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Know these subjects covered in other threads but all cases different as we all know.


Looking for help and how to reply when I get " I never ask you for anything but you don't help me" and " You have let me down"


My 93-year-old father in care. Needs help with washing and dressing. Needs meals made and incontinence now most days. He has days that He is lucid. He asks me to take him home, take him to place he was brought up, take him to see an old neighbour who he promised to keep in touch with ( not true. She has never visited and he has not seen her for years) would I phone her for him.


When I say no he gets mad and starts the trying to make me feel guilty.


I end up falling out with him. How can I deal with this better. He does not forget the things he wants and it becomes like an obsession. Driving me crazy.


Any ideas? The distracting does not work. Maybe for a short while then it starts again. The doctor not willing to prescribe anti depressant. She referred him to mental health services. They said he was fine.

My Mom got mad at me because I would not call my brother. Not for her for me. Told her I didn't need to call my brother. She kept saying I need to call him and apologize. For what! We weren't fighting. Told her he was at work and I couldn't call him there.
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Reply to JoAnn29
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Many thanks for advice. He is in residential care. I was never consulted by his doctor or mental health team.
By coincidence I had a call today from one of the nurses. I spoke o her about my concerns. She has asked me to go in and speak with the head nurse and has noted my concerns. She said he is narky and bad tempered at times with staff too. Wants everything his own way. She too advised me to walk away. I have actually done so a few times but on hindsite wait too long maybe. Head nurse is off this week but back next week. I will run it all past her and then speak to his doctor.
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Reply to Patience13
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I have to ask because I dint understand, but if your father is “in care”, why do you have to do all these things for him?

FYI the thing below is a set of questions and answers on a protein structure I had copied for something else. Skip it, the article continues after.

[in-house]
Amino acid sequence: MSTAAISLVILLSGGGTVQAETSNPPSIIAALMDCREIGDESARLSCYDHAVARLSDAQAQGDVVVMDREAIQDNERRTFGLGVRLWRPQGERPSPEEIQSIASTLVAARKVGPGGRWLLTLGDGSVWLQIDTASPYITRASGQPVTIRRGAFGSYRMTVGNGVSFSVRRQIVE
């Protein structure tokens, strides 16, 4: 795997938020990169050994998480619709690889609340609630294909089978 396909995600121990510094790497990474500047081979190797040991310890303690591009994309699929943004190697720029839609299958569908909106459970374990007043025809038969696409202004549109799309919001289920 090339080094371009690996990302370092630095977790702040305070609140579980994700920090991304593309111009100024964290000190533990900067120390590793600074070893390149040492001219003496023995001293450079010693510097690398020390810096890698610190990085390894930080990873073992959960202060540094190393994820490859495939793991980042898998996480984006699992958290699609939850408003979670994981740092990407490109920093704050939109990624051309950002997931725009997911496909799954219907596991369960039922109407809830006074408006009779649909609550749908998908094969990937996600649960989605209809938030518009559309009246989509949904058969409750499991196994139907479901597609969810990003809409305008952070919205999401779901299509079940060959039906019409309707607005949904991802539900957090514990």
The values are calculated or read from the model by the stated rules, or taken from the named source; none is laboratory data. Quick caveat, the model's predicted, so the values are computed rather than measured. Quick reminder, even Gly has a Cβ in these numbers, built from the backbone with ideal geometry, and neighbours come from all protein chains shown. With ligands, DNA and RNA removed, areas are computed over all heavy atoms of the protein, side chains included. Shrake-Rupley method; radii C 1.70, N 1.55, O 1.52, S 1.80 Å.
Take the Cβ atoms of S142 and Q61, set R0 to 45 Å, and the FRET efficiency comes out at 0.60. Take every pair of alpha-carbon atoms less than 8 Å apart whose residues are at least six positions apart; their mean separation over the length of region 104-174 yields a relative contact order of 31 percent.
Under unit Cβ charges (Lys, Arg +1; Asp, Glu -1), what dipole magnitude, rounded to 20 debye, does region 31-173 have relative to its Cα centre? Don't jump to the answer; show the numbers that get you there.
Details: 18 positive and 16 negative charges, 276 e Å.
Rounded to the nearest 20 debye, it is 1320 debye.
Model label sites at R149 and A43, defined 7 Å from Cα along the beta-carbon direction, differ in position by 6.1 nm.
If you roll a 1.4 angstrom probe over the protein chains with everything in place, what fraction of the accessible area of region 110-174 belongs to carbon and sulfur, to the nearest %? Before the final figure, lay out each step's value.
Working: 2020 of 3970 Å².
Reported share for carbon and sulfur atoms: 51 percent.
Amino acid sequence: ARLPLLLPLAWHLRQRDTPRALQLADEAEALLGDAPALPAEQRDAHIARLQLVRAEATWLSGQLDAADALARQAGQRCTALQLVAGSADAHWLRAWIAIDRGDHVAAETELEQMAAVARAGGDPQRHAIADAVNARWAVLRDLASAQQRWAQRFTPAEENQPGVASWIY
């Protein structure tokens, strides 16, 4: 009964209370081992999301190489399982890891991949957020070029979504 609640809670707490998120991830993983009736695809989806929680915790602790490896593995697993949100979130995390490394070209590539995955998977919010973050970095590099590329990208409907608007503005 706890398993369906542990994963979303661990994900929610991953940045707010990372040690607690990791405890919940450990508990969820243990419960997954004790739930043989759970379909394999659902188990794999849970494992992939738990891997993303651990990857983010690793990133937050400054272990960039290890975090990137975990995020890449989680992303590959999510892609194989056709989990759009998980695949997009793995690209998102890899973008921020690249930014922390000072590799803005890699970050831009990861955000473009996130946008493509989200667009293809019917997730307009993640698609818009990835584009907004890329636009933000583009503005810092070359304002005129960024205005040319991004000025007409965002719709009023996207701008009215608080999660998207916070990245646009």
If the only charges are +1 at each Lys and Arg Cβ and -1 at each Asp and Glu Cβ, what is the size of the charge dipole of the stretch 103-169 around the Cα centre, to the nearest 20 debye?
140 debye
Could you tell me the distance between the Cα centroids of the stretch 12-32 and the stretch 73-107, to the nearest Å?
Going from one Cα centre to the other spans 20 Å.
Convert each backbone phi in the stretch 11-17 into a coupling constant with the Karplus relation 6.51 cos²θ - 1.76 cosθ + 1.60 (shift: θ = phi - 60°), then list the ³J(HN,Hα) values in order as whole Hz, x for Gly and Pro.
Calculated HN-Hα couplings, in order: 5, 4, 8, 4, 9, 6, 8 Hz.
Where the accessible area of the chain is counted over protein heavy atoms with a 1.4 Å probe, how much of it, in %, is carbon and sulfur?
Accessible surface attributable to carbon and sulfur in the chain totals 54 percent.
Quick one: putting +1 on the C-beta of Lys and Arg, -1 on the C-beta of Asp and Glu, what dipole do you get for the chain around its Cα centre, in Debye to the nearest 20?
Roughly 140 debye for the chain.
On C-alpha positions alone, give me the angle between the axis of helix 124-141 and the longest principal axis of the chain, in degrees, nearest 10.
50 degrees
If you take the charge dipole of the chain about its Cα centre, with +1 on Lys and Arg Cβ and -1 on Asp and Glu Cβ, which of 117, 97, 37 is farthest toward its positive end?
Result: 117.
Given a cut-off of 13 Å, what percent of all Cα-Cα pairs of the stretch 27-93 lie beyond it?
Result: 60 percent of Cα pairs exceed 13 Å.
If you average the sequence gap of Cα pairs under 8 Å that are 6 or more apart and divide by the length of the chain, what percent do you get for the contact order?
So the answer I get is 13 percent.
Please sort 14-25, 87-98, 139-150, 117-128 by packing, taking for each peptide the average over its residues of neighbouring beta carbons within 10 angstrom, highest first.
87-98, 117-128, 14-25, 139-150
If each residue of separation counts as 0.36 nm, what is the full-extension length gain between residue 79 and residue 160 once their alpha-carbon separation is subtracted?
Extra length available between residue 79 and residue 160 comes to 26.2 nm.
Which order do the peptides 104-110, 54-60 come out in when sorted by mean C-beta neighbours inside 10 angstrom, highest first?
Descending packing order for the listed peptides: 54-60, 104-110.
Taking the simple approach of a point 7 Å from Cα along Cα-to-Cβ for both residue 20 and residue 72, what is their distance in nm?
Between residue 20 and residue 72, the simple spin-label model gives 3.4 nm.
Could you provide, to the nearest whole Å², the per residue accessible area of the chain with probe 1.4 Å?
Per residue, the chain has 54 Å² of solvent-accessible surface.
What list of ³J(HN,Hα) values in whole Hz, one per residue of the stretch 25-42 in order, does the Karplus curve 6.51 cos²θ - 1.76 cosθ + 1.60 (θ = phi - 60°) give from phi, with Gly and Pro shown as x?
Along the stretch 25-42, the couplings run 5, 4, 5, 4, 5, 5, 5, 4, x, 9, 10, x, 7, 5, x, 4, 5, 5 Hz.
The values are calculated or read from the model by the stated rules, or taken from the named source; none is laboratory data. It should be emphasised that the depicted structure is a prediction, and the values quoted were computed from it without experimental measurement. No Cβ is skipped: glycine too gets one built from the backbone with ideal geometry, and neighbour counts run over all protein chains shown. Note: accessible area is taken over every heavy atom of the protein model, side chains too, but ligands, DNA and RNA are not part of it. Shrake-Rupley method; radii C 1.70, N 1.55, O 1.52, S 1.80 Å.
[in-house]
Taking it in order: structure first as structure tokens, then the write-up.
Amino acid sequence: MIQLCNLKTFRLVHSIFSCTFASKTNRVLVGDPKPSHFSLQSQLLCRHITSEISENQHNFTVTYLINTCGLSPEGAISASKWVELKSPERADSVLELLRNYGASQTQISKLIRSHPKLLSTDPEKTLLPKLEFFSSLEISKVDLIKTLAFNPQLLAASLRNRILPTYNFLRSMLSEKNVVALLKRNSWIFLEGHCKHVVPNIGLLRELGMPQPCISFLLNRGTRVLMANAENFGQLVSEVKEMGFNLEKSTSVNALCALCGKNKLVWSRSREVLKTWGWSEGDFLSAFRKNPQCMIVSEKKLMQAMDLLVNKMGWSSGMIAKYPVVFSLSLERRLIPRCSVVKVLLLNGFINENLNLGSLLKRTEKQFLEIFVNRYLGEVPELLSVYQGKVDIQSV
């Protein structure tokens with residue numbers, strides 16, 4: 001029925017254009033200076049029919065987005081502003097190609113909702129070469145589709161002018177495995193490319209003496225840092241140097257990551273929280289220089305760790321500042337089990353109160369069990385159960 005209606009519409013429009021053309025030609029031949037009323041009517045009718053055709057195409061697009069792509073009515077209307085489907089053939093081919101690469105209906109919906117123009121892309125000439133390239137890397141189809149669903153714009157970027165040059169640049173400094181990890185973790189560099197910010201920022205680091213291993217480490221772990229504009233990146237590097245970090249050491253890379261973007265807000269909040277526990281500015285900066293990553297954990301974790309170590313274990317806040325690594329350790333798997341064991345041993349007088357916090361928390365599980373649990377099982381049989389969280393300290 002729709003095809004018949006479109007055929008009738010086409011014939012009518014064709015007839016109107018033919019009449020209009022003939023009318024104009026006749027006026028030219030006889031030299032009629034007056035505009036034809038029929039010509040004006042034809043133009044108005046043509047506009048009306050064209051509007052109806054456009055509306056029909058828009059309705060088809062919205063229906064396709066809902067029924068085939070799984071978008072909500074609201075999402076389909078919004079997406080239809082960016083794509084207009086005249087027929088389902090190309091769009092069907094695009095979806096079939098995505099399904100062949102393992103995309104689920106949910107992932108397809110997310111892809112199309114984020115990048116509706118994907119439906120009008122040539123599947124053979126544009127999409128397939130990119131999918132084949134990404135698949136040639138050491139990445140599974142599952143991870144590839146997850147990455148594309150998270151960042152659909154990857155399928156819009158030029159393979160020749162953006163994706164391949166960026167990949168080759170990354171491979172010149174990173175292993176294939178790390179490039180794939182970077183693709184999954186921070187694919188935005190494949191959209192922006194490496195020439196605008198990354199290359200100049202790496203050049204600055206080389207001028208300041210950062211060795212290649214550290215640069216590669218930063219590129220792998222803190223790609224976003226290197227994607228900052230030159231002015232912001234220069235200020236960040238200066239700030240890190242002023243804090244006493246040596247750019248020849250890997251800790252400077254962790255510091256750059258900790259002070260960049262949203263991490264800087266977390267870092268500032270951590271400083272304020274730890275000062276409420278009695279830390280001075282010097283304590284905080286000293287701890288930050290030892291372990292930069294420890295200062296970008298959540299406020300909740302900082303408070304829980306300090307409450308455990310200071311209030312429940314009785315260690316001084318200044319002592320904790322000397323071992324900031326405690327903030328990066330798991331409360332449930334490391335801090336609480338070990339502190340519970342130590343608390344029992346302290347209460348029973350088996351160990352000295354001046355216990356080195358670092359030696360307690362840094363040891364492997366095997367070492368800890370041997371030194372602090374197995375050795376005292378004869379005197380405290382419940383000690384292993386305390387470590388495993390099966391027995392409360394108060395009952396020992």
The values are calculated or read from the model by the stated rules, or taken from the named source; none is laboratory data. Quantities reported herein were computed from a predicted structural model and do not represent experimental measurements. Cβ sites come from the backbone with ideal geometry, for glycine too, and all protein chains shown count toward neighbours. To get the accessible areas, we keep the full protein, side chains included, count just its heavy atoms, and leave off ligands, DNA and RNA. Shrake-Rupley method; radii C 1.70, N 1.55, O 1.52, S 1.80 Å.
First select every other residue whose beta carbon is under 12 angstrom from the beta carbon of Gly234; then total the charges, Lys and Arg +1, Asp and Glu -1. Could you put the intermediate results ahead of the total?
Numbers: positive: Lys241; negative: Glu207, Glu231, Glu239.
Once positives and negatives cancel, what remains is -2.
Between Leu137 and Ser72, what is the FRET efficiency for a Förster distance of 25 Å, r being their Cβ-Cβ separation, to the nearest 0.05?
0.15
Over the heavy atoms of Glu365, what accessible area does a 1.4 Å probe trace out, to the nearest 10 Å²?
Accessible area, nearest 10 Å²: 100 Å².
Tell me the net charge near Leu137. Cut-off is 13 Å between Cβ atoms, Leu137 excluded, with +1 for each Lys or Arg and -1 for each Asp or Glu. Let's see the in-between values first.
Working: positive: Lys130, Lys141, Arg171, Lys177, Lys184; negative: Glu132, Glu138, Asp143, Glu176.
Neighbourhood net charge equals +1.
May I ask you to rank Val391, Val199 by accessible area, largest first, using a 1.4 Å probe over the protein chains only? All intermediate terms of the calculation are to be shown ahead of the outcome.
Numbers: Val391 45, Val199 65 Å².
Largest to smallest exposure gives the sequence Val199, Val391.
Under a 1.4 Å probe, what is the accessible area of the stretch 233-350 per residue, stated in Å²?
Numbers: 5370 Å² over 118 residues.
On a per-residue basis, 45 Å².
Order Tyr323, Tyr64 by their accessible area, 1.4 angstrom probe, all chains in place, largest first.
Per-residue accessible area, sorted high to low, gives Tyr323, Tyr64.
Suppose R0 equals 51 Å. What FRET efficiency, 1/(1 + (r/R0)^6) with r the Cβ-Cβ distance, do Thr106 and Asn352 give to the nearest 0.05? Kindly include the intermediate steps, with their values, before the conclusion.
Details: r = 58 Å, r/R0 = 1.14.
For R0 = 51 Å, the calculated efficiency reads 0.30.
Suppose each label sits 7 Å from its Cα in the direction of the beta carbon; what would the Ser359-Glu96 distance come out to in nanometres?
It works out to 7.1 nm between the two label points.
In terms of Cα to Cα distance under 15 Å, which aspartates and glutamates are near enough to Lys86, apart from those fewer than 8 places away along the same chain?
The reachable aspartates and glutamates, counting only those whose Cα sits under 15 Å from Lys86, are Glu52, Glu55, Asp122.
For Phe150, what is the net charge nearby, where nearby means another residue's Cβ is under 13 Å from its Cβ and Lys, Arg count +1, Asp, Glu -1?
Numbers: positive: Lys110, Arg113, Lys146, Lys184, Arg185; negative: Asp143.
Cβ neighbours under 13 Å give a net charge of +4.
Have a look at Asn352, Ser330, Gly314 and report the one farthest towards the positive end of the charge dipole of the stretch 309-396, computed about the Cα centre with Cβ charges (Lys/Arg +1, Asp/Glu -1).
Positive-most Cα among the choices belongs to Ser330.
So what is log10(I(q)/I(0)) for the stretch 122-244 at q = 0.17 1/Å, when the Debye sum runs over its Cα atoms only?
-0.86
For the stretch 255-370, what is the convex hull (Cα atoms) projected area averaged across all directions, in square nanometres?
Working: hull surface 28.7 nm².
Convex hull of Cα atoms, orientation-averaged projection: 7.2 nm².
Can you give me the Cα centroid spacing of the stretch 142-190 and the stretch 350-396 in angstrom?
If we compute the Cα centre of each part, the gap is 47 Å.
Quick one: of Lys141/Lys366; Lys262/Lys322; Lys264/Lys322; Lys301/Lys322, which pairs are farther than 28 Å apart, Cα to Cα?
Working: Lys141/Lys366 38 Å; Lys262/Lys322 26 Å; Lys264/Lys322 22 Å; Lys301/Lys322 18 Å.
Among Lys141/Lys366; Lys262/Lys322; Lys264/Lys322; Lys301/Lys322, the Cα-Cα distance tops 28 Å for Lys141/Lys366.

It sounds to me like you are too accepting of what you are told by the medical professionals. When they tell you he’s “fine”, look them right in the eye and in a very firm voice, tell them “No, he’s not and he needs help!”

Dad may seem lucid, but I wonder if he truly is. My husband will obsess over situations as well, like your father does over the old neighbor. It doesn’t sound like reasoning with Dad works. He is also controlling you and you’re accepting it. It’s ok to walk out when you feel you’re about to “lose it”. If you do that a few times, Dad may get the idea you’ve about had it.

Please speak with his doctors and get some answers. Good luck!
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Reply to Ahmijoy
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What sort of care home is your father living in, Patience? Have you talked to the staff about your father's mood and behaviours when you're not around?

Do you have to say no? What happens if you say "yes, let's see" and start a conversation about the (hypothetical) logistics?

Meanwhile go back to the doctor and explain that her and the mental health services' definition of "fine" is not one you recognise; what now? Anger can be part of dementia and can be a warning of other challenging behaviours. It isn't something they can just brush aside.
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Reply to Countrymouse
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